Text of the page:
Installation photography by Zan Wimberley
Courtesy of Firstdraft
Golden Fabulouz, 2016, skin whitening soap, gold plated chain, galvanised S-hooks, plastic twine, wooden sculptures (origin: Philippines), styrofoam netting, palm fan, Spam, diamontes, mosaic tiles, 120 x 120 x 2400cm (Photograph by Tom Blake)
Golden Fabulouz (detail), 2016, palm fan, Spam, diamontes, mosaic tiles, 120 x 120 x 2400cm (Photograph by Zan Wimberley)
Meztiza The Healthy Skin, 2016, skin whitening soap, coconut shells, Kudkuran (coconut grater), Coca Cola bottles, birds of paradise, ceramic elephant plant stand, cleaver, orange net fruit bag, wooden sculpture (origin: unknown), mosaic tiles, 150 x 60 x 60cm
Thoughtless Extravgance refers to a desire to splurge during critical times. This exhibition adopts the format of an immersive installation built around the concept of a palengke, a type of public marketplace common throughout the Philippines. A series of sculptural tableaux and video works create the framework for this cultural milieu, in order to interrogate the hierarchies of taste, class and race.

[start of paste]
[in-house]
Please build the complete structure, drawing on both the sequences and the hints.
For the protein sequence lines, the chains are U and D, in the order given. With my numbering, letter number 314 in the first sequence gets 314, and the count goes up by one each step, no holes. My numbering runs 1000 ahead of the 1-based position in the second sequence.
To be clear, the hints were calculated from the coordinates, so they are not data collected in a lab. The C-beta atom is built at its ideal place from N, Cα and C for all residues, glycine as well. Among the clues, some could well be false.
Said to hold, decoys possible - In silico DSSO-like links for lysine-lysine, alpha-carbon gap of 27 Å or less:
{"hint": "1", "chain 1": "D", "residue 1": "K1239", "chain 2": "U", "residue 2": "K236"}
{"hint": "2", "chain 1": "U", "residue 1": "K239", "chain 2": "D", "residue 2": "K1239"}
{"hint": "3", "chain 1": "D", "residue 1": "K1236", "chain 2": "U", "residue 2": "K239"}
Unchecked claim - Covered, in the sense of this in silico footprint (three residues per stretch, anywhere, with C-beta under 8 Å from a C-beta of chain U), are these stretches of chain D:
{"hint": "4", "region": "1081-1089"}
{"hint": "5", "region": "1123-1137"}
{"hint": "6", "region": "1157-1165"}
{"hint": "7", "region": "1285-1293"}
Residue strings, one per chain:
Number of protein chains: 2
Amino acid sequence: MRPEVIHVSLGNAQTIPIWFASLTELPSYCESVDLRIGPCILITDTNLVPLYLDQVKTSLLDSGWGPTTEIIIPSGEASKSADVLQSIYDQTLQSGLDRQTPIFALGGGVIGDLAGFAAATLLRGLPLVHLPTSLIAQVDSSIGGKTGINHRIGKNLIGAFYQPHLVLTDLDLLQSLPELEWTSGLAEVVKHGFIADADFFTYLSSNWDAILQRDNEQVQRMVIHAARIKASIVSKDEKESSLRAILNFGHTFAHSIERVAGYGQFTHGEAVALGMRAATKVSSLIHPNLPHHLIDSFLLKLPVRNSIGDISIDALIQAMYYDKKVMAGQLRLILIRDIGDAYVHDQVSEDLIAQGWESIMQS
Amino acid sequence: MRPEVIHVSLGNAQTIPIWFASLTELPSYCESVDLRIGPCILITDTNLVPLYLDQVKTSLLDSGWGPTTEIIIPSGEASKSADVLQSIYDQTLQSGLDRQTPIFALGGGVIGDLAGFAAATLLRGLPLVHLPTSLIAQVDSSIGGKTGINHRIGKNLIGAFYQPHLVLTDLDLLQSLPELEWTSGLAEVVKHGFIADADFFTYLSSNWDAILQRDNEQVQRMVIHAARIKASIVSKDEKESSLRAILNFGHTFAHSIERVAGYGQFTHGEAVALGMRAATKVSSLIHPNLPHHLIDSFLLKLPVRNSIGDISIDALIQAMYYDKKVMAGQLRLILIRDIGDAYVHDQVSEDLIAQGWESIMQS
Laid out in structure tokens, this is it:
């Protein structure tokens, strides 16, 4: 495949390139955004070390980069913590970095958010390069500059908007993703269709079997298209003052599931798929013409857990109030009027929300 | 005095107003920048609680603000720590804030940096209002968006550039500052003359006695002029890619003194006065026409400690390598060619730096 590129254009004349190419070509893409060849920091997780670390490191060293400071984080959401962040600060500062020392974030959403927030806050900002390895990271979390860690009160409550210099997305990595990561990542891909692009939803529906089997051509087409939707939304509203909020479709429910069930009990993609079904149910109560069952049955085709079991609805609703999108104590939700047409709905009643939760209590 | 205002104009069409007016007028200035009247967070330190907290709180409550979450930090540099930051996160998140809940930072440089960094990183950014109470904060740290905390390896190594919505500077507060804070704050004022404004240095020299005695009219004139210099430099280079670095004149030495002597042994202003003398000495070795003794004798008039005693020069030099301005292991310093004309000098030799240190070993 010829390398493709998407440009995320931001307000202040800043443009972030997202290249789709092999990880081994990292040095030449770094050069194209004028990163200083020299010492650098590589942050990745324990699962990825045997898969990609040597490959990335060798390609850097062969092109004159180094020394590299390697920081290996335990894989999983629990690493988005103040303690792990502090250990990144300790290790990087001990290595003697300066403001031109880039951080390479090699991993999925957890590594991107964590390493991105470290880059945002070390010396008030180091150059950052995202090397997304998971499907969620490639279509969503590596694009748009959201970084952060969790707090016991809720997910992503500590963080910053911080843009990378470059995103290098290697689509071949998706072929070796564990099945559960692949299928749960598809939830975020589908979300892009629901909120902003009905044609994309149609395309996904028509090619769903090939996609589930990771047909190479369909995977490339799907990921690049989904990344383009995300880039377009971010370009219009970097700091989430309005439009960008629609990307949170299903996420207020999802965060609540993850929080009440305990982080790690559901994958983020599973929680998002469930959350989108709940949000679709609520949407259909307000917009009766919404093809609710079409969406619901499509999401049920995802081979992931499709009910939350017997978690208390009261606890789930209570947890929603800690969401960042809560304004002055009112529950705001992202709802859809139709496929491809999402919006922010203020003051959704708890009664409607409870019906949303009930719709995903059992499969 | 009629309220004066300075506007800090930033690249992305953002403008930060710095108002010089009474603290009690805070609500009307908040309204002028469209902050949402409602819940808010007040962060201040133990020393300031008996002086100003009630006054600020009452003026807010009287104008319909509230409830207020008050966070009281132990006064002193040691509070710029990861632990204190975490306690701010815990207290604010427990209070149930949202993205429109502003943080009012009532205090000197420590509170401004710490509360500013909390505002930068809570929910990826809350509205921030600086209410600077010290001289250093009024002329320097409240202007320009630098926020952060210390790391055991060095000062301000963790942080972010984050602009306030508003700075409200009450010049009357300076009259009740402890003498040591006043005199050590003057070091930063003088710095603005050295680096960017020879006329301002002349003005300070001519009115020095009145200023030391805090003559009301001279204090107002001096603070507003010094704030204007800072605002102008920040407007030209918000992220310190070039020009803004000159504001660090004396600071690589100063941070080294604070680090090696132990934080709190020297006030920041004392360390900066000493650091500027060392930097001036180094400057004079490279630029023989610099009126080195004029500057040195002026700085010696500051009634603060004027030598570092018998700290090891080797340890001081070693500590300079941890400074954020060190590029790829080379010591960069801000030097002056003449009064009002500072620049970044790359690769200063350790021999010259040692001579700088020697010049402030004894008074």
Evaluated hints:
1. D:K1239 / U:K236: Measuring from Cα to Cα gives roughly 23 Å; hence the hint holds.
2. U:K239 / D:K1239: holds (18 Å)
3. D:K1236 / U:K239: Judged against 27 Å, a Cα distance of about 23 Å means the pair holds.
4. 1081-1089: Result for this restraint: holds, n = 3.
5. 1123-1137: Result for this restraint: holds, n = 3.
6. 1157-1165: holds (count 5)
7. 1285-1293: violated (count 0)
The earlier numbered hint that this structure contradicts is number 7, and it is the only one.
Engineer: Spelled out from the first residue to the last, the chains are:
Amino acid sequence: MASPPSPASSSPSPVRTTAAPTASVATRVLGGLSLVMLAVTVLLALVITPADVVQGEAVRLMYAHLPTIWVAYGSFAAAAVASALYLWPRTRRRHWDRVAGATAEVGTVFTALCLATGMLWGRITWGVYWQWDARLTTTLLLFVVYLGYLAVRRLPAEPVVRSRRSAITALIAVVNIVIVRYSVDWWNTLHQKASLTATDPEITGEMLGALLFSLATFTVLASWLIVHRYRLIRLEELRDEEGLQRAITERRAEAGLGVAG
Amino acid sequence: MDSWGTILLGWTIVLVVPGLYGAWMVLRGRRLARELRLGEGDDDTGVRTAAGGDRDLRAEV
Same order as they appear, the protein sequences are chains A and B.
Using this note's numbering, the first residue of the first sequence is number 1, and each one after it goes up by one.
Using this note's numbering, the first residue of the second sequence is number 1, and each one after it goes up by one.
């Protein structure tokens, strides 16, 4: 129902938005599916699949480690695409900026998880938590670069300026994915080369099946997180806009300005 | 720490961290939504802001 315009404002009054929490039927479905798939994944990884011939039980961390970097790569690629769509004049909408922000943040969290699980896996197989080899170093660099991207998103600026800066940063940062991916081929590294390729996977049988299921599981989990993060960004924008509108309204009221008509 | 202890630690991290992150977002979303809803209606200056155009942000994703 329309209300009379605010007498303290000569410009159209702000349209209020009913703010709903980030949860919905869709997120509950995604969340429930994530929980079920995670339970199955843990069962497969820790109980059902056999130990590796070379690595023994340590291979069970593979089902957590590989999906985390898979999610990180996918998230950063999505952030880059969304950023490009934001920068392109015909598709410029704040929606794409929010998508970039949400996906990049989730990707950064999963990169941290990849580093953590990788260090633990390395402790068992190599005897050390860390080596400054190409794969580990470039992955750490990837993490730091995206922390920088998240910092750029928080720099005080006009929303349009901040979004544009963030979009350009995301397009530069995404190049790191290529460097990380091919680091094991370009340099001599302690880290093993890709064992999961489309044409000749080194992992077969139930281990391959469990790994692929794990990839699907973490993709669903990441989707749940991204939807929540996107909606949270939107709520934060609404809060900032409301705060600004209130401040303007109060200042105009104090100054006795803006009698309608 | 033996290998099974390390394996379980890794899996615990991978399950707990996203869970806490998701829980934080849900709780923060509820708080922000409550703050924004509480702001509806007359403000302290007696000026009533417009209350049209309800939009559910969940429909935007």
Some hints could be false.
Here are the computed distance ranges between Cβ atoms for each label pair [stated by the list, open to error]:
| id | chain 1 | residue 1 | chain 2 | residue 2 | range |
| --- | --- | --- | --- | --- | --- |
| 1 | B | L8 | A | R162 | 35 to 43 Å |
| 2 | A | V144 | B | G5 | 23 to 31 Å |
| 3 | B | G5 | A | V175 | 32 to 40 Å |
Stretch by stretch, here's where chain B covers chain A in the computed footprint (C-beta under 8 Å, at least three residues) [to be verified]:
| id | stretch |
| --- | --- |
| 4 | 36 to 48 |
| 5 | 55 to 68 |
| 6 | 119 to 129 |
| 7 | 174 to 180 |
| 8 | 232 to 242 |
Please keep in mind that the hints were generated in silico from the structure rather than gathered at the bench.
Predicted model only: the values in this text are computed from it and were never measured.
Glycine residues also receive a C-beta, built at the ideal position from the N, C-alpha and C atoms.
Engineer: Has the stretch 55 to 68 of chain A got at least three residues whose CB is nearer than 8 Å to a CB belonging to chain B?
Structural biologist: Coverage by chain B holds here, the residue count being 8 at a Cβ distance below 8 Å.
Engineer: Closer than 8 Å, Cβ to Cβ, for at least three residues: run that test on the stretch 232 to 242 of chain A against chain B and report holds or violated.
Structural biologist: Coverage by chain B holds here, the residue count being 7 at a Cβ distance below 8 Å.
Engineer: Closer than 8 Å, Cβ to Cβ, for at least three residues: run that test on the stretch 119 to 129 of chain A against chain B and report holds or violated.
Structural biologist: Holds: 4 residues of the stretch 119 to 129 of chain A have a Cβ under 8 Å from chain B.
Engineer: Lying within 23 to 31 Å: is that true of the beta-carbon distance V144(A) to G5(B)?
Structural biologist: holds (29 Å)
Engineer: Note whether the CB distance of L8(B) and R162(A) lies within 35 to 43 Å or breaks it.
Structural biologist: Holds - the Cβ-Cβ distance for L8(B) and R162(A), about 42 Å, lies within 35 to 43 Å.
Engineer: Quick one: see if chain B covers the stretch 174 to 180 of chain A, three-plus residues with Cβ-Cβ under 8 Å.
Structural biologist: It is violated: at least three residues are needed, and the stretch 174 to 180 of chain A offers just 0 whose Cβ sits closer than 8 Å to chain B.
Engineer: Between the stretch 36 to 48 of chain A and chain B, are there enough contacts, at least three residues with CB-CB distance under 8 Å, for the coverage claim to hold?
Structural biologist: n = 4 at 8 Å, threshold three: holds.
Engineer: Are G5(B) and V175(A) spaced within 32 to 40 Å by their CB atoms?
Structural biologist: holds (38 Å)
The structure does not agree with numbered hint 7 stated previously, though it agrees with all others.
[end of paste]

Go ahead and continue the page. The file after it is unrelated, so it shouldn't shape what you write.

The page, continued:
The title of the exhibition is taken from The Civil Code of the Philippines that operates to protect people from each other, in this case, prohibiting any incidents of thoughtless extravagance. The rationale for this legal provision outlines: “when the rich indulge in pleasure or display during a period of acute public want or emergency, they may unwittingly kindle the flame of unrest in the hearts of the poor who thereby become more keenly conscious of their privation and poverty and who may rise against the obvious inequality.” (Tolentino, I Civil Code of the Philippines (1990), pp. 91)
In Thoughtless Extravagance, a playful choreography emerges through the assemblage of disparate objects and images that include banal, everyday items, sculptural reproductions of tropical produce made from skin-whitening soaps, samples of popular culture and anthropological artifacts. These encompassing elements also function as markers of culture and class, and their arrangements merge the language of museology with kitsch sensibilities, nouveau riche aesthetics, and colonial ideologies of beauty and the tropics.
Exhibition History: Firstdraft (2016); Blacktown Arts Centre (2017)